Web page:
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The Rise of the Chicago Police DepartmentClass and Conflict, 1850-1894$
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Sam Mitrani

Print publication date: 2013

Print ISBN-13: 9780252038068

Published to Illinois Scholarship Online: April 2017

DOI: 10.5406/illinois/9780252038068.001.0001

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The Pullman Strike and the Matrix of State Institutions

The Pullman Strike and the Matrix of State Institutions

Chapter:
(p.208) Epilogue The Pullman Strike and the Matrix of State Institutions
Source:
The Rise of the Chicago Police Department
Author(s):

Sam Mitrani

Publisher:
University of Illinois Press
DOI:10.5406/illinois/9780252038068.003.0010

This epilogue examines how the Pullman Strike of 1894 exposed the Chicago Police Department's still quite limited ability to deal with a mass strike of such magnitude. The Pullman Strike was the largest and most important strike of the nineteenth century, with Chicago as its epicenter. It revealed as a failure George Pullman's attempt to apply a modified earlier version of order, based on the pre-police idea that a paternalistic system of organization could embed wage workers within an ordered system controlled by their employer. This strike also revealed the limits of police power, since the Chicago Police Department did not have the will or the force to break it. The Pullman Strike was primarily broken by the army, with the police department playing only a supporting role. The Pullman Strike also shows that municipal police departments were just one set of institutions within the broader matrix of state power, including the state militias and the military, that was built to maintain the businessmen's order in the nineteenth century.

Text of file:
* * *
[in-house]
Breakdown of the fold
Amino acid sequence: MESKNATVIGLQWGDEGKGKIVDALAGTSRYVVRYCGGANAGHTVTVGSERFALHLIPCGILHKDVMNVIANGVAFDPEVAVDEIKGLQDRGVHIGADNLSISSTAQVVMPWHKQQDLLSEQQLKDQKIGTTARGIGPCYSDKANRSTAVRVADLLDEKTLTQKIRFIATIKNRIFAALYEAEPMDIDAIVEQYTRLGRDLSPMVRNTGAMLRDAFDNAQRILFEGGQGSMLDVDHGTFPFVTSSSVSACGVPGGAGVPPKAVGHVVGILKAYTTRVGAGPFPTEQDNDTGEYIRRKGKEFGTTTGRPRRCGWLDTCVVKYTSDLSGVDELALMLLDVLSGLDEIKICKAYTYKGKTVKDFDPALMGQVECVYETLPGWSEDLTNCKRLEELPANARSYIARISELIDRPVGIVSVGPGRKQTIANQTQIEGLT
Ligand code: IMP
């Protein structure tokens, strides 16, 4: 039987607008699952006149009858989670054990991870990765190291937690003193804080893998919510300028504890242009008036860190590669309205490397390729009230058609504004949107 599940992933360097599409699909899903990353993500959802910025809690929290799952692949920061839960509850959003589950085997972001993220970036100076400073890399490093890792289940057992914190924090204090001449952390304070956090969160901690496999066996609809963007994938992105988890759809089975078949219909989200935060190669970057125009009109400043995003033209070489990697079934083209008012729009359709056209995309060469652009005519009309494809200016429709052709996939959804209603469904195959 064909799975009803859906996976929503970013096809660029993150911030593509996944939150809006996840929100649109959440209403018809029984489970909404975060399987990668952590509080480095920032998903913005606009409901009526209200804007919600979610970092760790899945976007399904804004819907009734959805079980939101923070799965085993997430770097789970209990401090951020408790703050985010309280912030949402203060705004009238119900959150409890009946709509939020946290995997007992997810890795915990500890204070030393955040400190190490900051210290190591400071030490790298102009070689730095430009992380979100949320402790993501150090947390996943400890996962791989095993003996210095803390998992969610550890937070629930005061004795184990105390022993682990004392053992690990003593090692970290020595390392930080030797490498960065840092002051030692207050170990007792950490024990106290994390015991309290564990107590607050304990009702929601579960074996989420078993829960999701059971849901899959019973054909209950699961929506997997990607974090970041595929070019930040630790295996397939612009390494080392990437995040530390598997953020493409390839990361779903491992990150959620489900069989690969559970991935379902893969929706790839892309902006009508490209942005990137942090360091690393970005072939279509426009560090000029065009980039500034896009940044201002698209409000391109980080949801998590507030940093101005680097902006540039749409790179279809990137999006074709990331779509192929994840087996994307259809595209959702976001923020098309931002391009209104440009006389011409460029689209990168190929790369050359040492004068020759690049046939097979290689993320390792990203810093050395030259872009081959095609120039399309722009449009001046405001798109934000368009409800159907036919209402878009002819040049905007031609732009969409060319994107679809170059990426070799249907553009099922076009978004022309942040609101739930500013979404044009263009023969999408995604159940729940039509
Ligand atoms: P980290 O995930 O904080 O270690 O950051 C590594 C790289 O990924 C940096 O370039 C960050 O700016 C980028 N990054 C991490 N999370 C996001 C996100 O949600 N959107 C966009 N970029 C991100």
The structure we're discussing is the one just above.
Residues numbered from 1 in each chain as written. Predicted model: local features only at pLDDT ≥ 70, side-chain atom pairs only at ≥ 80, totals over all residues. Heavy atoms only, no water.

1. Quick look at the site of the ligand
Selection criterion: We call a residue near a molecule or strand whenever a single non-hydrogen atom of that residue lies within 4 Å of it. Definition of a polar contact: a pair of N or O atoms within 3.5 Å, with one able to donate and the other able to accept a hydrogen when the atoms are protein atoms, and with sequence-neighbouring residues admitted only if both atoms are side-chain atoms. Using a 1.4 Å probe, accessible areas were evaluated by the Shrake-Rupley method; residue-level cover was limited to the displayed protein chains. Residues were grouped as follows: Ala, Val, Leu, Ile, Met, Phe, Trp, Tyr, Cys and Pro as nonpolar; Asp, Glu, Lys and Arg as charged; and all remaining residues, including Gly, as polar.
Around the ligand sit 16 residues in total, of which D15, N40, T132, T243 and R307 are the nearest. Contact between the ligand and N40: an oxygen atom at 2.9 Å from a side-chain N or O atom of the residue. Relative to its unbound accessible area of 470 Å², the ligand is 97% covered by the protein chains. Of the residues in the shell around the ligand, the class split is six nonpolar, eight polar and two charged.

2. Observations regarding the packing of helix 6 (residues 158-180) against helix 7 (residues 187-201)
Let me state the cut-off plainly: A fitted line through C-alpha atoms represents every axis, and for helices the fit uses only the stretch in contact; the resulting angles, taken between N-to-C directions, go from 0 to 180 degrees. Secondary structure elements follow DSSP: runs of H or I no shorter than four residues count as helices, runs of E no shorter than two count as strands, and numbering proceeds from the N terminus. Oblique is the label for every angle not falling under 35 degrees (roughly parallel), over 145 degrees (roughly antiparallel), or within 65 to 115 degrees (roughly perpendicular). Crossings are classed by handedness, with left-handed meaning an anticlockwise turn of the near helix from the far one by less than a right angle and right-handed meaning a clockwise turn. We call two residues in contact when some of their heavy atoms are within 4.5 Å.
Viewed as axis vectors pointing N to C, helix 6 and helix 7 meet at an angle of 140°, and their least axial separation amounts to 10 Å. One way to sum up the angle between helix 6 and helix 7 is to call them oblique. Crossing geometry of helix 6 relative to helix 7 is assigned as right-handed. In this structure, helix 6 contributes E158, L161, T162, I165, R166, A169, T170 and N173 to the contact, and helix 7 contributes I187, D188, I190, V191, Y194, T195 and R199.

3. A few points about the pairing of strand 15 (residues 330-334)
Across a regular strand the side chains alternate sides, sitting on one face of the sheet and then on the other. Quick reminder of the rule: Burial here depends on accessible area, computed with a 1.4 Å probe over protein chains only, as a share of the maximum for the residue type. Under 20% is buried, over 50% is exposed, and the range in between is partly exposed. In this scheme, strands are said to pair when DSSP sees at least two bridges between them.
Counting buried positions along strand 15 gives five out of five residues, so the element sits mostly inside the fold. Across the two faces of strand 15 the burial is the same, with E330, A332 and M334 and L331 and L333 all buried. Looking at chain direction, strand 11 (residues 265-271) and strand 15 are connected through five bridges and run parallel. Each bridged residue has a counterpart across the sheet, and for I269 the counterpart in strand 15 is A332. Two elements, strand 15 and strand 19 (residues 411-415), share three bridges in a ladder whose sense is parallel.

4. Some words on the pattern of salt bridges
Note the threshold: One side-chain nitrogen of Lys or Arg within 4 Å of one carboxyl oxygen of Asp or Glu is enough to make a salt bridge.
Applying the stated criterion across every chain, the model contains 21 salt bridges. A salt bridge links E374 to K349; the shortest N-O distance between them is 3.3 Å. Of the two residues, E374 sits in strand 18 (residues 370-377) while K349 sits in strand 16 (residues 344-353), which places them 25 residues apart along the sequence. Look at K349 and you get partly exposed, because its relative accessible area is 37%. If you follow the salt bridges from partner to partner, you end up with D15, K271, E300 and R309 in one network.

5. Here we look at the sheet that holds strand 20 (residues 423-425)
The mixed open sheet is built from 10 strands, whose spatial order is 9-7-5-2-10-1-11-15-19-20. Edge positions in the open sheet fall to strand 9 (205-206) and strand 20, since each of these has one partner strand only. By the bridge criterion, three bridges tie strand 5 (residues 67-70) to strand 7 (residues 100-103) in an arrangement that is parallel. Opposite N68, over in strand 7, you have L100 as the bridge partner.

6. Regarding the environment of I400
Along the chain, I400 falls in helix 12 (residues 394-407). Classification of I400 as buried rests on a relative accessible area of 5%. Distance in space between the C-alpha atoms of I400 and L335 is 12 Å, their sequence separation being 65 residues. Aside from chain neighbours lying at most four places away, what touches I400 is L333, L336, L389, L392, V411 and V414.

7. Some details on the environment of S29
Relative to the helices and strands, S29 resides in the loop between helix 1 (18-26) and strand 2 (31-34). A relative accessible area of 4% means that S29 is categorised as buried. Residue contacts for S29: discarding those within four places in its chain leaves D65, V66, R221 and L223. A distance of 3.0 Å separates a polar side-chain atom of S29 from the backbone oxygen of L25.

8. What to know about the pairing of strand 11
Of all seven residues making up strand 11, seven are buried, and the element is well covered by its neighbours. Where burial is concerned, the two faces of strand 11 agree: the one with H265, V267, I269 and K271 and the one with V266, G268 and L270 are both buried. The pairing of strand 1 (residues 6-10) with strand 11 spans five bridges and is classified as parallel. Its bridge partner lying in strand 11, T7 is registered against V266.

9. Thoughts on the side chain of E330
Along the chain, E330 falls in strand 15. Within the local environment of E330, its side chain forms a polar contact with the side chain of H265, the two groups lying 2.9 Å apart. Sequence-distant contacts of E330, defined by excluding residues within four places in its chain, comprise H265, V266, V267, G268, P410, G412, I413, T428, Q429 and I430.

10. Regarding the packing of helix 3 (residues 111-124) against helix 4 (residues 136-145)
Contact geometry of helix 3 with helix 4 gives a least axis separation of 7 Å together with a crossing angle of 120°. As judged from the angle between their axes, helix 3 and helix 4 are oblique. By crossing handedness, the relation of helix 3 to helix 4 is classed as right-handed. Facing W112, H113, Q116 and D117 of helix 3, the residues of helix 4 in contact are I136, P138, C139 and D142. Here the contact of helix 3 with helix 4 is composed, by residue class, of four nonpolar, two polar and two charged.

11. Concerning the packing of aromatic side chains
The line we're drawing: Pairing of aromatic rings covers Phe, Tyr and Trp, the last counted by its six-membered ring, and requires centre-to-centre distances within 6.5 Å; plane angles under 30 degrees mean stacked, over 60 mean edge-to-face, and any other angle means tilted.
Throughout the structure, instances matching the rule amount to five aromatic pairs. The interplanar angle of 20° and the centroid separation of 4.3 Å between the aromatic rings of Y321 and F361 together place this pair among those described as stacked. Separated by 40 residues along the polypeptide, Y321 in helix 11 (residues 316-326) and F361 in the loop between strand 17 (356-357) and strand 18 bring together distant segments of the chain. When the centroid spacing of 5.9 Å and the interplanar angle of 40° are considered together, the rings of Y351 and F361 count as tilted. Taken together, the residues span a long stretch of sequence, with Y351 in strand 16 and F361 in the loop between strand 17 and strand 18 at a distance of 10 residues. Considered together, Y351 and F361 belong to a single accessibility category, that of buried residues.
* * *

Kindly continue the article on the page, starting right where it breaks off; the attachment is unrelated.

Keywords:   wage workers, Pullman Strike, Chicago Police Department, George Pullman, police power, municipal police departments, state power, state militias, military, businessmen

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